3) we try to find a balance for our children, which is perhaps the most difficult thing. Compared to their friends, they have significantly less toys – and yet still a good amount of pointy things that will stab your feet at night, let me tell you.

I’ve read something once about getting rid of things that don’t bring value to one’s life. I think that is what we are trying to do. And that old camera? It brings value to my life. I have fun using it. I have fun learning how to develop the film with my dad. It has meaning, it has history. Using it means making an older relative smile, sharing my pictures with her while she teaches me how to do better. It means learning how to develop films myself with my father. It’s a slow kind of art that is becoming a rare thing in a world of immediate rewards.

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Minimalism is not necessarily living with only a handful of things stuffed in a backpack. It’s about letting go of the endless pressure of consumption. It’s about letting go of that toxic competition to own more, while never feeling complete or accomplished because owning more stuff will never fulfill our longing for meaning.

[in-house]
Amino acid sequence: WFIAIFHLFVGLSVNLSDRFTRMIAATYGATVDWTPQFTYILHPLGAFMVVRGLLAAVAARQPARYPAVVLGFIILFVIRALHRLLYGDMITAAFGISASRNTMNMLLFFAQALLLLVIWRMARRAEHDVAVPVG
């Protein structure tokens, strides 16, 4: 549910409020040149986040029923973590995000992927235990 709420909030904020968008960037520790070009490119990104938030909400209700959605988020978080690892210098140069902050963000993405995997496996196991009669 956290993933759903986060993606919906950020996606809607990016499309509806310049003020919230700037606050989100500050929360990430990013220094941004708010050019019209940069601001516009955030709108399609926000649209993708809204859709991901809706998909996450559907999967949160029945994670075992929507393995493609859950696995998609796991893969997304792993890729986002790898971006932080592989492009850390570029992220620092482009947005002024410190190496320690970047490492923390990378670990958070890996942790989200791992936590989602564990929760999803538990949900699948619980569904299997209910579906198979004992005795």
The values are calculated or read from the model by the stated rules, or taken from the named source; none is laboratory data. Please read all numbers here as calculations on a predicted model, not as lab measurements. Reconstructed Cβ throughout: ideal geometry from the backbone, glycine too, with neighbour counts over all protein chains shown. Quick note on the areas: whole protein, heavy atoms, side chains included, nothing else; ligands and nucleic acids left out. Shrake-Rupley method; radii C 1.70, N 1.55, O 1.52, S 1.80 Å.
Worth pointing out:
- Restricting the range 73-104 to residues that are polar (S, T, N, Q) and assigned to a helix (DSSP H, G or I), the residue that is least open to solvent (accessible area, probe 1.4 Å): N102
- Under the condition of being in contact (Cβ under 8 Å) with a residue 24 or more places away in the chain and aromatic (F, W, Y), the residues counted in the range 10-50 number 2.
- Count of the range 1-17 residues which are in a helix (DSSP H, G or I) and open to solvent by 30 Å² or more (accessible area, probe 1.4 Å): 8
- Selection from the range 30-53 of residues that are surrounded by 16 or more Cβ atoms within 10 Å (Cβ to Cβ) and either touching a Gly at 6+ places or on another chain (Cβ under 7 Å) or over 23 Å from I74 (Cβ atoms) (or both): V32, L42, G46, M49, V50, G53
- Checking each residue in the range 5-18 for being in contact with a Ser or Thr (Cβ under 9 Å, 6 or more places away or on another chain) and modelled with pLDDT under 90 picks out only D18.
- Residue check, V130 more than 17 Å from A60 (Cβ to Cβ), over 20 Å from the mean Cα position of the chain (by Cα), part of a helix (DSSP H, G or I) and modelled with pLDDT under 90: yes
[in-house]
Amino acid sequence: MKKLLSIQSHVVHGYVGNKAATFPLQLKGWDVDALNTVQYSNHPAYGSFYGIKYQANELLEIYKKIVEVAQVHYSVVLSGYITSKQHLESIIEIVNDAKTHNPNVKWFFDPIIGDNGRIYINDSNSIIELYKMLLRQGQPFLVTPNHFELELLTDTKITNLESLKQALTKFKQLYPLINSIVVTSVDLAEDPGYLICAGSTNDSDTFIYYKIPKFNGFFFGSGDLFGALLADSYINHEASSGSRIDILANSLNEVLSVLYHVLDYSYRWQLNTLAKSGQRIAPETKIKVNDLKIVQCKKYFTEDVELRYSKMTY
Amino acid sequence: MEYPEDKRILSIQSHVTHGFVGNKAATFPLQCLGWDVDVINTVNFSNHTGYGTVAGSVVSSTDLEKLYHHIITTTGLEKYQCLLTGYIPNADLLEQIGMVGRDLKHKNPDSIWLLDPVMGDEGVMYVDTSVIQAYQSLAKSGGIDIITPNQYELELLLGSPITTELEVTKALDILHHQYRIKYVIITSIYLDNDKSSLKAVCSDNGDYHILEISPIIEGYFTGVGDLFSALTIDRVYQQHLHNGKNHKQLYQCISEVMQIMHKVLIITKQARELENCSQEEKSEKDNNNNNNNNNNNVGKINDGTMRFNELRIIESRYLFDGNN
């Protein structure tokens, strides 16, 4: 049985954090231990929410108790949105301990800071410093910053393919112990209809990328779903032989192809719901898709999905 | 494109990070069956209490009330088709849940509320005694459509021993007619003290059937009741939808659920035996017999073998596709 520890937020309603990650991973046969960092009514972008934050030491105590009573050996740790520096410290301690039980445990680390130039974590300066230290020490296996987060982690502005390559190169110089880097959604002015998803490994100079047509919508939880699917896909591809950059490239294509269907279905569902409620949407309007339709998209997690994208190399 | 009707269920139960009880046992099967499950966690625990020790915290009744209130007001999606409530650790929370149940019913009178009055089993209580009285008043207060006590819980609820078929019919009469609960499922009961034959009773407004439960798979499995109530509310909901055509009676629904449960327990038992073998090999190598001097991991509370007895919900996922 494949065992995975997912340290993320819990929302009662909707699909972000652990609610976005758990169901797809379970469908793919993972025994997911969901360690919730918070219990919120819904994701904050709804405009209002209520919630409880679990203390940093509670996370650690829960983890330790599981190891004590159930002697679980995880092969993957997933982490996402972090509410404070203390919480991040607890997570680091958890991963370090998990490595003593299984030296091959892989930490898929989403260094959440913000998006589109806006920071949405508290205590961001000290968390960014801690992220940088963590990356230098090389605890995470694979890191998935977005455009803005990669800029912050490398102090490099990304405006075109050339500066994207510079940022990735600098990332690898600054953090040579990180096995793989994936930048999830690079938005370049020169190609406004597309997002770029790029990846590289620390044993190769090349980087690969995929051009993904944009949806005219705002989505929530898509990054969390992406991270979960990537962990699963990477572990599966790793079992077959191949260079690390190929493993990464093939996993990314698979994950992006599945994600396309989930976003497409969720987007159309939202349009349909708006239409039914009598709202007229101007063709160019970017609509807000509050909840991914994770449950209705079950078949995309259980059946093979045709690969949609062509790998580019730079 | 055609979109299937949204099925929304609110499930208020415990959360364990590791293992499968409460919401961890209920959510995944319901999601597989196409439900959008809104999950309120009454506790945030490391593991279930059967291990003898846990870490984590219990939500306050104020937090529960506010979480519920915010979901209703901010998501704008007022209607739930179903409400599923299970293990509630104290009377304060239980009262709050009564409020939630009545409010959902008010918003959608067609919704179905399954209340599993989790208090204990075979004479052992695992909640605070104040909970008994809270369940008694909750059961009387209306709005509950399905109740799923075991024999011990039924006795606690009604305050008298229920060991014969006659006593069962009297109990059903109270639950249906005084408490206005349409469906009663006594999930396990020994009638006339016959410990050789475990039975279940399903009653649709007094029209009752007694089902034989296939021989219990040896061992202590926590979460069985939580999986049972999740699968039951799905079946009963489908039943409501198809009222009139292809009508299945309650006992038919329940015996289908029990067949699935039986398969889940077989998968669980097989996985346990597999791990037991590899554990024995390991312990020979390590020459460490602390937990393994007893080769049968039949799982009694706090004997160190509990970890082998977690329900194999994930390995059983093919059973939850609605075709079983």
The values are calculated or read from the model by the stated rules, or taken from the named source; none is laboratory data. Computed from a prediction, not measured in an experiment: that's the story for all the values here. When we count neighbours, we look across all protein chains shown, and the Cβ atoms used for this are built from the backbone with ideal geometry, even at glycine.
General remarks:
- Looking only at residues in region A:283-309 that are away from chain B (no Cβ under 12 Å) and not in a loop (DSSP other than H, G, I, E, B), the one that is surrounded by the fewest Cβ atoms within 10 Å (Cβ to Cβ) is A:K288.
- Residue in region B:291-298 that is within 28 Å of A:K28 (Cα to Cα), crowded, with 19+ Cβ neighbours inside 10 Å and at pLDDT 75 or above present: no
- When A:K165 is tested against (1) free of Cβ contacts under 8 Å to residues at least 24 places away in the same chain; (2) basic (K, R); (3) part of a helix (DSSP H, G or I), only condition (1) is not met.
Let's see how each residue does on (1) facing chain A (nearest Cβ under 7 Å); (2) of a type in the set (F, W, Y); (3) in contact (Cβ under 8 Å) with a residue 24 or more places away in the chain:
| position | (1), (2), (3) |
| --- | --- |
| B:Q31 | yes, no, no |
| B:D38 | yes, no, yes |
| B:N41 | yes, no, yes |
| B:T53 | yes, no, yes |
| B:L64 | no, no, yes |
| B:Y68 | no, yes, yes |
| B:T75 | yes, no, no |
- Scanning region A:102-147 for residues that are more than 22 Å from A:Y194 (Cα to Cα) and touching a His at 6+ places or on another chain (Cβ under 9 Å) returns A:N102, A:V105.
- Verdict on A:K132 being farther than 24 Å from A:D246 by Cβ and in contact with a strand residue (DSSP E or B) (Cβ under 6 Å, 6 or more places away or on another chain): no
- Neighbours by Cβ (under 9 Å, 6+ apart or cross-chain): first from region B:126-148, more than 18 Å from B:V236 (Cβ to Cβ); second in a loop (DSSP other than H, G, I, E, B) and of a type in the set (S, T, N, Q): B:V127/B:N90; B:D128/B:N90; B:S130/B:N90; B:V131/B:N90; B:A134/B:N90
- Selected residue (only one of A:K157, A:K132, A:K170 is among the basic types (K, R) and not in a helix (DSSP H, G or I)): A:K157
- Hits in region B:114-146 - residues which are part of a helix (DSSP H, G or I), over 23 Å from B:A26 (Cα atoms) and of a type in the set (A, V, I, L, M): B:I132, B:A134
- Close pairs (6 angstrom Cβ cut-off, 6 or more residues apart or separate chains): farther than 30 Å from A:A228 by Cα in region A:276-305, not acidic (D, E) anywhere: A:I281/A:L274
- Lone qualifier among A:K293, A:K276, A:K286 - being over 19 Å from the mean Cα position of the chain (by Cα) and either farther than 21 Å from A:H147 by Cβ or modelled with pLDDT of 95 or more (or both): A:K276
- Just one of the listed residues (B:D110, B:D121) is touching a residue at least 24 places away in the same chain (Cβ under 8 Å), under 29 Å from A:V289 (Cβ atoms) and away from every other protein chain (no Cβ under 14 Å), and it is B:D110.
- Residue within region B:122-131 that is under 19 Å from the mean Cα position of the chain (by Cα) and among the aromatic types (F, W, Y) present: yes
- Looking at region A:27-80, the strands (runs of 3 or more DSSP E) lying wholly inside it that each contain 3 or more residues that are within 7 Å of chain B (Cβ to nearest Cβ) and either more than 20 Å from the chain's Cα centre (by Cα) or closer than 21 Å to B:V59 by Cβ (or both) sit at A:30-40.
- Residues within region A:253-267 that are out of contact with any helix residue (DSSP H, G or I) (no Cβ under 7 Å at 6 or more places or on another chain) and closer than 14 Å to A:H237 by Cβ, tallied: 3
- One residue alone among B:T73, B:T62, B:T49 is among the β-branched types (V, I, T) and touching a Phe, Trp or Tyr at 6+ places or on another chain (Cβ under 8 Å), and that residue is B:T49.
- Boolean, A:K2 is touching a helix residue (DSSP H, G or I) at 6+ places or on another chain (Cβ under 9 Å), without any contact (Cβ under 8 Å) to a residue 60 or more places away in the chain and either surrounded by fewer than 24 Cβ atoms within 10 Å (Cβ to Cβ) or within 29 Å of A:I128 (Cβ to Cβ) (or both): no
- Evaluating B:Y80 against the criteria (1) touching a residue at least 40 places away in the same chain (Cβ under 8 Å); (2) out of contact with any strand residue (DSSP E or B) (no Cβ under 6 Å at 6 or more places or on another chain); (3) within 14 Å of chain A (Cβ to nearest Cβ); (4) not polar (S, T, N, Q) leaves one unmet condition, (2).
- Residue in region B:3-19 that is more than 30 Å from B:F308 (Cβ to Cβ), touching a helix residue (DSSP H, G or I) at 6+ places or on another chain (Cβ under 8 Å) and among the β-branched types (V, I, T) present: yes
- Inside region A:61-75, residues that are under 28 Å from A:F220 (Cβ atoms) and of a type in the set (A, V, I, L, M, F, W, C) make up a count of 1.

Get rid of the things that are empty of meaning and only incites you to buy more. And welcome to your life the things that gives you joy, reinforce relationships, help you hone your skills.

As always, be well, be thankful, be kind. Until next time.

On time

“I didn’t have the time”, we say. “I’m too busy to have the time to do this”, we pretend, shaking our heads sadly.

We’re running. Not literally though: while we live mostly sedentarily lives, we spend our days running from one thing to the other, thinking about the next task, the next call, the next stop. We lament that days only have 24 hours. We envy those who enjoy more ‘free time’ than us, while we resent them at the same time. We hurry, in everything we do.